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Strategy: Parental Involvement in Raising Drug-Free Youth

Strategy Programs and mechanisms that incorporate parental involvement in raising drug-free children can reduce drug use and strengthen community . . .

Strategy

Programs and mechanisms that incorporate parental involvement in raising drug-free children can reduce drug use and strengthen community antidrug norms.

Drug Problem Addressed

When drug information and antidrug behaviors learned at school are not reinforced at home, young people are more likely to turn to substance abuse.

Key Components

The most important components of a parent-based strategy for drug prevention are factual education and support from other parents or community groups. Drug prevention efforts should include teaching parents the signs of drug use and informing them about drug paraphernalia. Parents should also be made aware of community resources if they are concerned that their children might be involved with alcohol or other drugs. An effective parent program strengthens communication between parents and children, supports parents who refuse to allow alcohol or other drugs at parties, provides information about sources of alcohol and drugs, and reinforces other parents who are trying to keep their children drug free. In some communities, parents sign a pledge that they will not permit young people to bring alcohol or other drugs into their homes.

Key Partnerships

Parents can work with school personnel, other community residents who observe young people in after-school or evening activities, law enforcement, community service providers, and youth. In some communities, leaders of youth organizations and athletic coaches have worked effectively with parents interested in combating drug use among youth.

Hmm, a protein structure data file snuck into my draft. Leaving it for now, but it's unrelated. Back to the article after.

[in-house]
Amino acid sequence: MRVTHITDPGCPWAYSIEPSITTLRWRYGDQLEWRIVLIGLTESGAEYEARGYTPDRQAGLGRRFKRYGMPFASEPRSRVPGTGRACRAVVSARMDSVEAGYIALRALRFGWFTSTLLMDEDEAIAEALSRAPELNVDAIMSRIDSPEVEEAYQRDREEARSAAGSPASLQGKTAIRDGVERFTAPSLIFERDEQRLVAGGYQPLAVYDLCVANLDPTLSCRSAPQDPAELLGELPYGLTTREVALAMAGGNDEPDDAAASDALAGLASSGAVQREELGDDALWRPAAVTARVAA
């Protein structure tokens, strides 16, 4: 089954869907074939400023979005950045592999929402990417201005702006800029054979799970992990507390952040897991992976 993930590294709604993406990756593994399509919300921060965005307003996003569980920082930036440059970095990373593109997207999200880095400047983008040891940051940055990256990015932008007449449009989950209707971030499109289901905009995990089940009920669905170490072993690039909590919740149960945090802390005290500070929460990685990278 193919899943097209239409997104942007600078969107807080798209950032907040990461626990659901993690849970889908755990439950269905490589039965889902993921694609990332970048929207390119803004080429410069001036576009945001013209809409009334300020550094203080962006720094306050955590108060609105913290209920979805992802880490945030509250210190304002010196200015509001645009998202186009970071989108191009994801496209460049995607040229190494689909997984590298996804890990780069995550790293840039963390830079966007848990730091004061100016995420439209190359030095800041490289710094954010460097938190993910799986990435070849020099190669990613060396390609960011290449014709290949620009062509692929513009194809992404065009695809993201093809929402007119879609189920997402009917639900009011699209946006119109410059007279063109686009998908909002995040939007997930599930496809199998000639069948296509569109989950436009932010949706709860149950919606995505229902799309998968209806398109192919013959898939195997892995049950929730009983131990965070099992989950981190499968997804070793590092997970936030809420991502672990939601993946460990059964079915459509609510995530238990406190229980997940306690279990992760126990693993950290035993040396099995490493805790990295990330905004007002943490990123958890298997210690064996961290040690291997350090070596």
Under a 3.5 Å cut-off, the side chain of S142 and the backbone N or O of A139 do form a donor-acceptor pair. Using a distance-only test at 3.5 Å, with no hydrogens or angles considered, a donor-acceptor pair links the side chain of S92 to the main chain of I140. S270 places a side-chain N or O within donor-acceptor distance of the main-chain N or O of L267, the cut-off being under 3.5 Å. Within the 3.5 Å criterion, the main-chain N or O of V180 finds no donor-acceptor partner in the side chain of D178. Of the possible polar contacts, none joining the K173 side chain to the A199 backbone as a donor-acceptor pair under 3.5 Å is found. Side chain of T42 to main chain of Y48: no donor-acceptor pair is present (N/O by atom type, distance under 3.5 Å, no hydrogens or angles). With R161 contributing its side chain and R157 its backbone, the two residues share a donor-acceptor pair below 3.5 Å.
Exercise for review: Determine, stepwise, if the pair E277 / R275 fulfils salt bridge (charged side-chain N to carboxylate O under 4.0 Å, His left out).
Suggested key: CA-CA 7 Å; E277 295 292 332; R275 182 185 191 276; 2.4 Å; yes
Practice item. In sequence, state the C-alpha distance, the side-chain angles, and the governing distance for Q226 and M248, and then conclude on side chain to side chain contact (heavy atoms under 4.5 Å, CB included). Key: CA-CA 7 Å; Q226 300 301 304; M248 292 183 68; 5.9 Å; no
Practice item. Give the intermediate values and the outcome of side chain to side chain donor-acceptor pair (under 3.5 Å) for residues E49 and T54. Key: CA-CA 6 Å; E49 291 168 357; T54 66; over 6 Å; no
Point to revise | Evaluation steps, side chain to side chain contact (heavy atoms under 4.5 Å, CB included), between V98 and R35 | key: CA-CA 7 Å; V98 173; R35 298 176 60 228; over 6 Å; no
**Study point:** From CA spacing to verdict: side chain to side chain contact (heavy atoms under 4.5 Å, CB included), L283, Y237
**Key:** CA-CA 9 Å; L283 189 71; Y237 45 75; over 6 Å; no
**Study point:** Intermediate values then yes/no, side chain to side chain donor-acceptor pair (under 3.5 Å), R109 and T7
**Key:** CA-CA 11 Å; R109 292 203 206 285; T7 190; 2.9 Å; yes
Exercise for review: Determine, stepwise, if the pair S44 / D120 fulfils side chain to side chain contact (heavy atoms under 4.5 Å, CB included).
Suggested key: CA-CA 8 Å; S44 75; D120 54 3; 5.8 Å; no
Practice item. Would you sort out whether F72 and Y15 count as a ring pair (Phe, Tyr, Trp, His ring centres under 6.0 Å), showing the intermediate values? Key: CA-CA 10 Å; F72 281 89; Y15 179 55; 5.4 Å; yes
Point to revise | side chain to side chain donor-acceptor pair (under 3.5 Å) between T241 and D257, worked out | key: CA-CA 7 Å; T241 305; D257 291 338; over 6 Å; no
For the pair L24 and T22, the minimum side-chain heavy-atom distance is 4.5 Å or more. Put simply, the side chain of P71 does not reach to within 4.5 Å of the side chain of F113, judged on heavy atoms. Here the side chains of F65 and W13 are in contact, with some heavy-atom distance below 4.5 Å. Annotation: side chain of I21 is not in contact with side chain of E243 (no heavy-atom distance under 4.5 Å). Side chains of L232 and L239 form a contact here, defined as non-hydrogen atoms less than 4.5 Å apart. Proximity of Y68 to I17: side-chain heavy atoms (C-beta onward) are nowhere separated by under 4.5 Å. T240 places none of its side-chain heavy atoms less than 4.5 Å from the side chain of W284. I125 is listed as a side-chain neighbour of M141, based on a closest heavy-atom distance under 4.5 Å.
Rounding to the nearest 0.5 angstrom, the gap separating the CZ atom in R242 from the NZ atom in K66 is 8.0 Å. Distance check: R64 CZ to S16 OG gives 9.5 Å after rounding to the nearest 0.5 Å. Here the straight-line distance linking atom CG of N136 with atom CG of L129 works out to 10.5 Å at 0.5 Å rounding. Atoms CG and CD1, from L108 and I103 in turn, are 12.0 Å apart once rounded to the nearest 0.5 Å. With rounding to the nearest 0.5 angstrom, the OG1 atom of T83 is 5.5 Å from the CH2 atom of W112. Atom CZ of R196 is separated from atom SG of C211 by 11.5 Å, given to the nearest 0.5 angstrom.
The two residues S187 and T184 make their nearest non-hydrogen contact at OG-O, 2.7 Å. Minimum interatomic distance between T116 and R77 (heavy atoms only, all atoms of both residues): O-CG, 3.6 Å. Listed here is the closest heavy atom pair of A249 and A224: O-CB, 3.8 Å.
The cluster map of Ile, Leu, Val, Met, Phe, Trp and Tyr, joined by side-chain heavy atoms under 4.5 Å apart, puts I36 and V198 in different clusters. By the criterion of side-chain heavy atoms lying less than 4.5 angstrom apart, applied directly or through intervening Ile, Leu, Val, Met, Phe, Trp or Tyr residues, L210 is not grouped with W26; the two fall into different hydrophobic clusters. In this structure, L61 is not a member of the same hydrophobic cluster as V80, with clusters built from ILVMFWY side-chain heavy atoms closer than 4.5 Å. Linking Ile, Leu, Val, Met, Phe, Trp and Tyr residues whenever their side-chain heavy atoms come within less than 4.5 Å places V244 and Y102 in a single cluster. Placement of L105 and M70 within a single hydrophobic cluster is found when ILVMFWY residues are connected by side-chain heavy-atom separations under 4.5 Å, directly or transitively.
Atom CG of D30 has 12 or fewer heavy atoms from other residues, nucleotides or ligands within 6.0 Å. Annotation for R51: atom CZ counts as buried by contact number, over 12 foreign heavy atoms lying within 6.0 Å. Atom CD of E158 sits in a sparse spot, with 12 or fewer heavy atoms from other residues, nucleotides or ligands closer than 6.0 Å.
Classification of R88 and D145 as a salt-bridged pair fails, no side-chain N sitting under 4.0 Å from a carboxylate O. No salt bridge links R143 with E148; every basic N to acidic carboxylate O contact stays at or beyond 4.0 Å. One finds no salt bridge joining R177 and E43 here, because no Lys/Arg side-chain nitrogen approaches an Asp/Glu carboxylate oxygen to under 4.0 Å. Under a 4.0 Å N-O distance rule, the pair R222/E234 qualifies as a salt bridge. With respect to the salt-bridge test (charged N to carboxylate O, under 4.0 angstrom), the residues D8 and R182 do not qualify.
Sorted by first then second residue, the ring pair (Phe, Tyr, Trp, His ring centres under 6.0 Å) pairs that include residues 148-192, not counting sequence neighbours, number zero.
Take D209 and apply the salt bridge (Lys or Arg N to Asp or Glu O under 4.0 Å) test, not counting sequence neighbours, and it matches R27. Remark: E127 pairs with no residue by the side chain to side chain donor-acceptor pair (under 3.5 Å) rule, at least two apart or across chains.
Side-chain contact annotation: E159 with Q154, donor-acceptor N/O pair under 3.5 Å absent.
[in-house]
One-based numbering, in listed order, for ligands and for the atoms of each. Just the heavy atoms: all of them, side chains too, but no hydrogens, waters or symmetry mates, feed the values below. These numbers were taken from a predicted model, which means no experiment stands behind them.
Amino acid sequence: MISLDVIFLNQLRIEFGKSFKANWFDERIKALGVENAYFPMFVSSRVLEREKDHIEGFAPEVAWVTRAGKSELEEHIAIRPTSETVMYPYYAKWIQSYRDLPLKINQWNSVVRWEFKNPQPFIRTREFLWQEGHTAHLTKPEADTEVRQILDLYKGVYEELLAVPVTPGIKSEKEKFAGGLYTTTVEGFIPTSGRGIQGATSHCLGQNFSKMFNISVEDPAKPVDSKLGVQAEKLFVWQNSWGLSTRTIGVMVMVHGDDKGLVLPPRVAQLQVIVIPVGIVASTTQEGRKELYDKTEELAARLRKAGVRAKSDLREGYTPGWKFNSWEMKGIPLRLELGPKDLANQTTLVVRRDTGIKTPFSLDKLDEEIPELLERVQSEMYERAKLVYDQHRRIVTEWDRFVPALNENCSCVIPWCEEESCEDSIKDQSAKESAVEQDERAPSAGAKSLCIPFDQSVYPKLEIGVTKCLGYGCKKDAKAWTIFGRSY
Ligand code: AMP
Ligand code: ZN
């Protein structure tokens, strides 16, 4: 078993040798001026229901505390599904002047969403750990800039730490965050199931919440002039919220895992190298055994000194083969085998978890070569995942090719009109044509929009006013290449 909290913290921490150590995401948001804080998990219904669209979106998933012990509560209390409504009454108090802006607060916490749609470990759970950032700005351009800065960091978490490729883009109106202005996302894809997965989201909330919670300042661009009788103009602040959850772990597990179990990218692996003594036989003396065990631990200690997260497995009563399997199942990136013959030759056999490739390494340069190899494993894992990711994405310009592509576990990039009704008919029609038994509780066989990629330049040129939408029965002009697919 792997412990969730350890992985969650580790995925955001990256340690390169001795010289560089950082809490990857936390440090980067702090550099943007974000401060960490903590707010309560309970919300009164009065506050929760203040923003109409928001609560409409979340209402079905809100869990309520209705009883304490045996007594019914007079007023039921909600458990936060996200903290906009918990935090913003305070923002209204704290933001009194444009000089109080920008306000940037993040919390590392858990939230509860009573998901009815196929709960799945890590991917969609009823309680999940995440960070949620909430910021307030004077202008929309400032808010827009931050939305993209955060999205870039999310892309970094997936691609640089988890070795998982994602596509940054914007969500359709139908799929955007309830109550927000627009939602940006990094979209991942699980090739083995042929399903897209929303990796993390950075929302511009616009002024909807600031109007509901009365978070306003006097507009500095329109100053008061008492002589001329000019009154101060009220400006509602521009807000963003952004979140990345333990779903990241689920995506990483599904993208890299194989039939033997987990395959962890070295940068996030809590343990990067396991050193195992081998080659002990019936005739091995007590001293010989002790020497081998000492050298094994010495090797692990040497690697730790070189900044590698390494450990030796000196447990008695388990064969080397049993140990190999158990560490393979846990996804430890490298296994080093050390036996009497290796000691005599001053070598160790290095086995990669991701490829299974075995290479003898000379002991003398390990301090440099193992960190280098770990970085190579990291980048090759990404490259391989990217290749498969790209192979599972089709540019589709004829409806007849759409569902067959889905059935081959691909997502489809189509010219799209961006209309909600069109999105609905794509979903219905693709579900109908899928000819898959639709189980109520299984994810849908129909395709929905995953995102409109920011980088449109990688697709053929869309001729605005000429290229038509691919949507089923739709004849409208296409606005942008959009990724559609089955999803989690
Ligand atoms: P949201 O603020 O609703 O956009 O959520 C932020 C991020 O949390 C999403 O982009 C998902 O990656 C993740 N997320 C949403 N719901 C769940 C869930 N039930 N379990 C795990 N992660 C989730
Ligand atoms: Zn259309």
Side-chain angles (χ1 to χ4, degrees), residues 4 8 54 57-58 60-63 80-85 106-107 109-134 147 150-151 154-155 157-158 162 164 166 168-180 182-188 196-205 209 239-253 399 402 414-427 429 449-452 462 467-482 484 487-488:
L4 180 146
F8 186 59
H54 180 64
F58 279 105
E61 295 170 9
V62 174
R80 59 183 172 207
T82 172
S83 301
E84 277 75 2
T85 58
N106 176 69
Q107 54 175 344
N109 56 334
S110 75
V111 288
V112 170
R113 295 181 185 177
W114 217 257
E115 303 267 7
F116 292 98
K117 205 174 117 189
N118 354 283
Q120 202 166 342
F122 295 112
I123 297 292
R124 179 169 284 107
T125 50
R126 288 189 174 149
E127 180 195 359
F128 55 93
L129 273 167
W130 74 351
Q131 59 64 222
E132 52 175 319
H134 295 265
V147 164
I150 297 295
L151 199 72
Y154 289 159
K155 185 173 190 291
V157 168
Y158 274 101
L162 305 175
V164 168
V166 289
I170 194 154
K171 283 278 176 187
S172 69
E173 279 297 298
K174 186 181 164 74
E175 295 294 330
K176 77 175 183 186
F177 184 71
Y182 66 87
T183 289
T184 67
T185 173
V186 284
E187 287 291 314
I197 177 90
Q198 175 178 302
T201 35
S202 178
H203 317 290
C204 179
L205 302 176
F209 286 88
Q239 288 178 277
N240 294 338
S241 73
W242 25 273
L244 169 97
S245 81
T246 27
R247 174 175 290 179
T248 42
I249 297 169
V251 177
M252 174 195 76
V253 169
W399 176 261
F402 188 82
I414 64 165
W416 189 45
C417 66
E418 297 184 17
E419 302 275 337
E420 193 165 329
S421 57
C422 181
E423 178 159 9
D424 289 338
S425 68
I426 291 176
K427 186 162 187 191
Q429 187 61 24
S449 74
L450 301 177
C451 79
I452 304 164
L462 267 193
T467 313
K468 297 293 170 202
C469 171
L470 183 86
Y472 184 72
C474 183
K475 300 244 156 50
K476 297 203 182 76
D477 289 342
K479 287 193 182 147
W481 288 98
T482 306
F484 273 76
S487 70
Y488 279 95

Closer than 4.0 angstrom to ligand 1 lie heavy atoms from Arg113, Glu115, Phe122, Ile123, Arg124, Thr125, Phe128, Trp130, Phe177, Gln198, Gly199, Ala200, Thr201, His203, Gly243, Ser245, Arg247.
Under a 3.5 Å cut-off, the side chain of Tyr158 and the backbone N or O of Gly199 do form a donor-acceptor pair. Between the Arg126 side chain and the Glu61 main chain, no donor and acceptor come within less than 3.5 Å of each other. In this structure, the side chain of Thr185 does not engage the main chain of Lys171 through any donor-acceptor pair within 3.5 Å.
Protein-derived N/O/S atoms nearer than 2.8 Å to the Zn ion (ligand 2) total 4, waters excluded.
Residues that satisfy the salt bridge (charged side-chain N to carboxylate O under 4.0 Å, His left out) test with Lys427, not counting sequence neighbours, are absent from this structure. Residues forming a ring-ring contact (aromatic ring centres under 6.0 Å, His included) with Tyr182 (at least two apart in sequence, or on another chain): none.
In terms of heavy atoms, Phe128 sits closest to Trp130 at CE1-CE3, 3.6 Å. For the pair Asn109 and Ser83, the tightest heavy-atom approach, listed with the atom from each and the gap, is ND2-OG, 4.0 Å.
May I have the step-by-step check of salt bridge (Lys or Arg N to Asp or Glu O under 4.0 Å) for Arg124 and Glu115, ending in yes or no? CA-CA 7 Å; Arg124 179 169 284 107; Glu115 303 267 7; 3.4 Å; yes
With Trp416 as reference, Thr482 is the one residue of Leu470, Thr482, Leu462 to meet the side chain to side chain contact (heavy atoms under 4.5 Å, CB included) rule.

Potential Obstacles

Denial is a serious barrier to helping parents whose children are involved with alcohol and other drugs. Also, some parents may judge others too harshly, creating hostility within the parent support group. These barriers can be addressed through the expertise of trained family counselors or drug prevention specialists effective in communicating without expressing condemnation.

Signs of Success

In Adolescents at Risk (1990), J. D. Dryfoos reviews the success of adolescent drug prevention programs and concludes that the involvement of a caring adult in a parenting role is the "hallmark of effective prevention programs."

Project Info in Whittier, California, works closely with youth who show early signs of drug or alcohol abuse, and with their families. Founded as a research project, the program now provides direct services. A recent evaluation highlighted a 4 percent recidivism rate for youth participants.

Applying the Strategy

In Houston, the Self-Help for African People through Education program formed a Parent Awareness Network to unite the community in the fight against drugs and crime and to improve neighborhood conditions. With help from local schools, the parents met weekly at the schools and at a housing development and signed a pledge to work together to keep their children drug free.

The Scott Newman Center, with headquarters in California, has been part of a strong movement to increase parental awareness of drug problems and how they affect families. The center's program, Neighborhoods in Action, assists existing neighborhood groups by providing drug education and drug prevention materials, teaching basic parent-child communication skills, and helping to resolve problems that arise from drug use.

The Parents' Communication Network of Minnesota connects more than ten thousand families in the state with newsletters and other printed materials on alcohol and other drug use, parenting skills, party hosting and restrictions, and other issues that concern parents of elementary and teenage children. The network also keeps parents apprised of effective antidrug curricula, legislative efforts to prevent substance use, state and national resources in drug prevention, and health issues.

From 350 Tested Strategies to Prevent Crime: A Resource for Municipal Agencies and Community Groups

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